Monday, September 22, 2014




Advertise with us

Pro: Procedure could save lives, deter drunken driving

By Victoria Advocate
Dec. 15, 2013 at 6:15 a.m.


Victoria County Sheriff T. Michael O'Connor said he's an advocate for any policy that would discourage someone from driving under the influence of alcohol.

If drivers know they cannot dodge the law on a technicality, they will think twice before getting behind the wheel while intoxicated, he said.

Enacting a no-refusal policy - in which the process of obtaining a warrant for a blood sample would be streamlined and supported by officers to the magistrate to the district attorney - would close loopholes and force drivers to be more responsible, the sheriff said.

"If we all know there is a zero-tolerance policy, more people will pay attention to themselves, family and friends," O'Connor said.

In 2011, Bexar County expanded its current weekend no-refusal policy to an everyday practice. The change allows officers to process suspected offenders efficiently and quickly, San Antonio Police Department spokeswoman Sandy Gutierrez said. Bexar County District Attorney Susan D. Reed led the initiative.

If a driver refuses a field sobriety test in San Antonio, officers transport the driver to the magistrate's office where a blood test is drawn, Gutierrez said.

Victoria Police Chief J.J. Craig would be in favor of beginning a similar process as long as he has the support from the district attorney and judges, he said.

"It wouldn't work if they weren't on board," Craig said. "It could work. It's just a matter of putting together a system."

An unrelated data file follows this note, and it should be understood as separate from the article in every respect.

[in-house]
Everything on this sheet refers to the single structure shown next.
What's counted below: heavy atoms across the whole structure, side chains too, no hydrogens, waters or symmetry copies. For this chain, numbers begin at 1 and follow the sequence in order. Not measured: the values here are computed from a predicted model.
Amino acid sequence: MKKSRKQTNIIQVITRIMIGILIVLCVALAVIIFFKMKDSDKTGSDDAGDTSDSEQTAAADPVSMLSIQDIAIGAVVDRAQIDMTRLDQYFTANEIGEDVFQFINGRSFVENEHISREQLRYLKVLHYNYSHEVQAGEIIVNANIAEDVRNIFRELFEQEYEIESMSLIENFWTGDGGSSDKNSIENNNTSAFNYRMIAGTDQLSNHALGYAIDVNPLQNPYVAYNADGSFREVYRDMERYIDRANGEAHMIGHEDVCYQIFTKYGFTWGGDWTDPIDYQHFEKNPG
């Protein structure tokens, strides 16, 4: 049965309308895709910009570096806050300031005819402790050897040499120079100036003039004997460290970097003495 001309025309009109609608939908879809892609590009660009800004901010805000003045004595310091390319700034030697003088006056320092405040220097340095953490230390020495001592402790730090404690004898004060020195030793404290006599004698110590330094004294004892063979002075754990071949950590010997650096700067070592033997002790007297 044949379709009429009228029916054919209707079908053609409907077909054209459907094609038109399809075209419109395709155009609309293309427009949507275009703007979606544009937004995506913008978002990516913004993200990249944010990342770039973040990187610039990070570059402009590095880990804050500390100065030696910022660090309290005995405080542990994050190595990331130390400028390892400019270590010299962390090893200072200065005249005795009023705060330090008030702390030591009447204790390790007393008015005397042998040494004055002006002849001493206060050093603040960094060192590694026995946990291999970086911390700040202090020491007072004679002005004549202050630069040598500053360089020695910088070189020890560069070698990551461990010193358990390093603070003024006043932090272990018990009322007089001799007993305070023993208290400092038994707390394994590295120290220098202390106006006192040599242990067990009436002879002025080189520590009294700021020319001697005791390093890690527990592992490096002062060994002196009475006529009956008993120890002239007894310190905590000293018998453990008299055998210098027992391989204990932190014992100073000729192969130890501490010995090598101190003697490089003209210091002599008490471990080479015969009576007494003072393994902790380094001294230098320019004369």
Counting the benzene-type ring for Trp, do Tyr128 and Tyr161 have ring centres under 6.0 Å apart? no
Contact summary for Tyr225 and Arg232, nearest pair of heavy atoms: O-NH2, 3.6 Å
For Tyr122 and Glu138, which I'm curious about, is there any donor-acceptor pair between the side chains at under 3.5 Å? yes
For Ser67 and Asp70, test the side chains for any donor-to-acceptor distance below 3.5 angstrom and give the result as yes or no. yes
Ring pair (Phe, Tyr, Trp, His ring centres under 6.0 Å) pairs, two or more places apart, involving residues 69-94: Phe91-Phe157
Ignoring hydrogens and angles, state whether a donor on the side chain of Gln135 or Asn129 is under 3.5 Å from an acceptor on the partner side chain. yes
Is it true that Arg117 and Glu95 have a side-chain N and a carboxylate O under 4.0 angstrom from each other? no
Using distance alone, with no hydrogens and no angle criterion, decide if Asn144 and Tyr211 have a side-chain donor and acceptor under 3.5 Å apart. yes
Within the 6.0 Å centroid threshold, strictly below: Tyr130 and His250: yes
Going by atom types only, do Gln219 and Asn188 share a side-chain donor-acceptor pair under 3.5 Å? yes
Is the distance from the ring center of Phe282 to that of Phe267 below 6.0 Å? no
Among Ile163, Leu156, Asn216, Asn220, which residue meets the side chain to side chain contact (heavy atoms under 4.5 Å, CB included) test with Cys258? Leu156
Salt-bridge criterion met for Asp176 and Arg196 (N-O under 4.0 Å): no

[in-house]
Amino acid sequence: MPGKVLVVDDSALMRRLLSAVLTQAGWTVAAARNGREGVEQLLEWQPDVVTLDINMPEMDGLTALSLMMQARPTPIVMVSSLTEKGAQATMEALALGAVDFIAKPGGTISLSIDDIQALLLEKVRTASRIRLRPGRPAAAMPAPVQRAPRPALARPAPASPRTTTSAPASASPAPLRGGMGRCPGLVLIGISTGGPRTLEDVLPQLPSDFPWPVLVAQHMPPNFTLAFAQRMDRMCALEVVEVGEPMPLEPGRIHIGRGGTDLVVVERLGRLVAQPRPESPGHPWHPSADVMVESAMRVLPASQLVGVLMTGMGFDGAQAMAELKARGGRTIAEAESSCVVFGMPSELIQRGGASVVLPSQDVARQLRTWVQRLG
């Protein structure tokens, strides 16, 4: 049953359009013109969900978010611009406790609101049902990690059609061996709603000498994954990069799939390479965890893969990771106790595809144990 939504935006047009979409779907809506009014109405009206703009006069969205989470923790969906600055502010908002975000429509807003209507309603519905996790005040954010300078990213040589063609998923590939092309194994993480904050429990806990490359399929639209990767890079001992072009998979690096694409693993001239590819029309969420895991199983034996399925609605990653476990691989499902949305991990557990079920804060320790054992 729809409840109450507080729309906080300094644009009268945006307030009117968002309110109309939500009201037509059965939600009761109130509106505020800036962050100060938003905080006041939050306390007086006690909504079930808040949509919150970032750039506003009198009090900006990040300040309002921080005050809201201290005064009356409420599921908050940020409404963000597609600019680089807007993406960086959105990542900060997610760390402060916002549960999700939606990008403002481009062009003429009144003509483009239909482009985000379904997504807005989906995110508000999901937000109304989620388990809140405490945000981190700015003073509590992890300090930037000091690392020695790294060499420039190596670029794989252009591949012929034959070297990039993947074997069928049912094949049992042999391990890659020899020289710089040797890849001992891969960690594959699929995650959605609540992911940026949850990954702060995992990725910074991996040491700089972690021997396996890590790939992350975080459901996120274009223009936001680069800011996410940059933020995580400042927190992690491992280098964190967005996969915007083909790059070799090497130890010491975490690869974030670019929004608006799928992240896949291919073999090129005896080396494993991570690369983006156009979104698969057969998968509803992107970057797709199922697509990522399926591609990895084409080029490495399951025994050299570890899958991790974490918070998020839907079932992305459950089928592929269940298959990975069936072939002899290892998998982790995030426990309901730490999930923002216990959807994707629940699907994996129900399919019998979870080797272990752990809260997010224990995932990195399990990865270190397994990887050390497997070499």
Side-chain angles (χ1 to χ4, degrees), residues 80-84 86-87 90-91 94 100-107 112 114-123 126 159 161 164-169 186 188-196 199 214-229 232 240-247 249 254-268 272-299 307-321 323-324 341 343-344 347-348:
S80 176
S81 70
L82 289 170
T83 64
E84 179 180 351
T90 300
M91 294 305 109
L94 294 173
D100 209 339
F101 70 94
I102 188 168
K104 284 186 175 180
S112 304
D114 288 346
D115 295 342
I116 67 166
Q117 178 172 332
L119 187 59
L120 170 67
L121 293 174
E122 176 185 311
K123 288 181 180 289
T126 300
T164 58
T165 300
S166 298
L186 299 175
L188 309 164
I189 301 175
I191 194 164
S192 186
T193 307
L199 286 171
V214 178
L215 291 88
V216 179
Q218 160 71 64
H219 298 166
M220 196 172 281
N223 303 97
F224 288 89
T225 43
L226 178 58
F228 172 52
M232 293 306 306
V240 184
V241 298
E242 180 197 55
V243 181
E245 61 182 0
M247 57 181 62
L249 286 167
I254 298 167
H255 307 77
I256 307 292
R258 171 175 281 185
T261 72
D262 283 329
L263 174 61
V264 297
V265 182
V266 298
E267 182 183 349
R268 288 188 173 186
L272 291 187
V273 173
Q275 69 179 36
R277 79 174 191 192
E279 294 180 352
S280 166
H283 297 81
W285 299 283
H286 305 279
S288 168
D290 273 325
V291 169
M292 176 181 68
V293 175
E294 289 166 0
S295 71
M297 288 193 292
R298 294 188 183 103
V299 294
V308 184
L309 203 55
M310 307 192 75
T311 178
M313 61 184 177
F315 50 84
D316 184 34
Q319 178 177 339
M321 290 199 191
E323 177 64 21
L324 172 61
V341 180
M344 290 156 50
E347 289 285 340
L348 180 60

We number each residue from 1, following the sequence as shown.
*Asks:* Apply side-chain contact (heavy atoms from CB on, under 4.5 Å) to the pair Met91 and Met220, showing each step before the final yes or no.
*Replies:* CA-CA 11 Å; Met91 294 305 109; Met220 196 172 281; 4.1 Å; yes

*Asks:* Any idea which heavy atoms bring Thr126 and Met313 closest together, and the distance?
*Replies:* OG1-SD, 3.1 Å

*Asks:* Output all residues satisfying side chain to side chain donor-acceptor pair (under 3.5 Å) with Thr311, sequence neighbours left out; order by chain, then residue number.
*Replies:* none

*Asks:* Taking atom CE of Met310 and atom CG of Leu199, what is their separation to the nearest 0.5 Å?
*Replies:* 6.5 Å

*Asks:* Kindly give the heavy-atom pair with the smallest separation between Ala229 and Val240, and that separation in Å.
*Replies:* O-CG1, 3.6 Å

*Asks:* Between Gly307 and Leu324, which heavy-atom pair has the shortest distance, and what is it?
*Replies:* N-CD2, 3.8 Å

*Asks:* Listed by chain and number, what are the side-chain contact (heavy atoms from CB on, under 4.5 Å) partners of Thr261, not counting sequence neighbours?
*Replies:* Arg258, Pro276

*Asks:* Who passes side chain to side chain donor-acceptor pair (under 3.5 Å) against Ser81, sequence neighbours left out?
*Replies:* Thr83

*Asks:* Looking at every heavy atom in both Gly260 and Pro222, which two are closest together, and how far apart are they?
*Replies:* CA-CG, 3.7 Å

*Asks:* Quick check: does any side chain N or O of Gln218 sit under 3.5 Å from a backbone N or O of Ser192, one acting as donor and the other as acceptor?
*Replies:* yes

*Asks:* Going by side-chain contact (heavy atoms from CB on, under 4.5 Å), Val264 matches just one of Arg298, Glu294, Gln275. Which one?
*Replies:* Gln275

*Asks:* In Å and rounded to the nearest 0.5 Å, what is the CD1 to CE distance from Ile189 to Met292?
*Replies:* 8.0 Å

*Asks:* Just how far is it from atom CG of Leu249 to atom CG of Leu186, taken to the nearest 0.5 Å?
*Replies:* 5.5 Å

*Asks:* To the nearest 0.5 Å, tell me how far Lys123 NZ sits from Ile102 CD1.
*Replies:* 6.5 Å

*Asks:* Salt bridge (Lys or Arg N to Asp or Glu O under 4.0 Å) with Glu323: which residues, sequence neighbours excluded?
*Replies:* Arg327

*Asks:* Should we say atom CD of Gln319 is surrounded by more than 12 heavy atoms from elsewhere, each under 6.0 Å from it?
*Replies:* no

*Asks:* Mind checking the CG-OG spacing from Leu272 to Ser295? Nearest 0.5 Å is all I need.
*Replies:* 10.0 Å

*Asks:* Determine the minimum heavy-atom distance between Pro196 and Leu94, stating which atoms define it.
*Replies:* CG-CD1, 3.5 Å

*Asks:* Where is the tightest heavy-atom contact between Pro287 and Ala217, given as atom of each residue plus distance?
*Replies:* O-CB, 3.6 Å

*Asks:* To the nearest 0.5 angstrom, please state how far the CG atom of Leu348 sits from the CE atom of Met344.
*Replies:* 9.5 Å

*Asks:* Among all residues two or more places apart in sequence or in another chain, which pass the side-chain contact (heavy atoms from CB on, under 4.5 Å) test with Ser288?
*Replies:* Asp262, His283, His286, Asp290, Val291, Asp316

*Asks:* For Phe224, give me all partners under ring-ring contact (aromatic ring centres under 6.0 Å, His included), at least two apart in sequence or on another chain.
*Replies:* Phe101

Craig said it also could help with a more successful prosecution.

"I'm in support of supporting officers in collecting evidence," said Victoria District Attorney Stephen Tyler. "I'm in support of following law to gather evidence."

Tyler said in order for an officer to obtain a warrant for blood draw, three things must be met: The judge must be able to identify who they're communicating with, the officer must be able to place that affidavit under oath, and the officer must be able to communicate probable cause to the judge.

"Whether electronic or on stone tablets, I'm satisfied as long as it meets legal requirements," Tyler said.

Since 2008, more than 66 percent of DWI cases filed in the Victoria County clerk's office have resulted in a conviction. In district court, 195 out of 303 cases from 2008 to present have resulted in a conviction.

However, of the 1,446 driving while intoxicated county court cases, 190 of them were either dismissed, convicted of a lesser charge, acquitted or deferred.

"You make a lawful arrest, and then the person gets a reduction and gets off - that's not encouraging," O'Connor said. "I'm more concerned of injuries and loss of life.

"Maybe we'll save that person's life."

Con: Policy could lead to doubts on probable cause

SHARE

Comments


THE LATEST

Powered By AdvocateDigitalMedia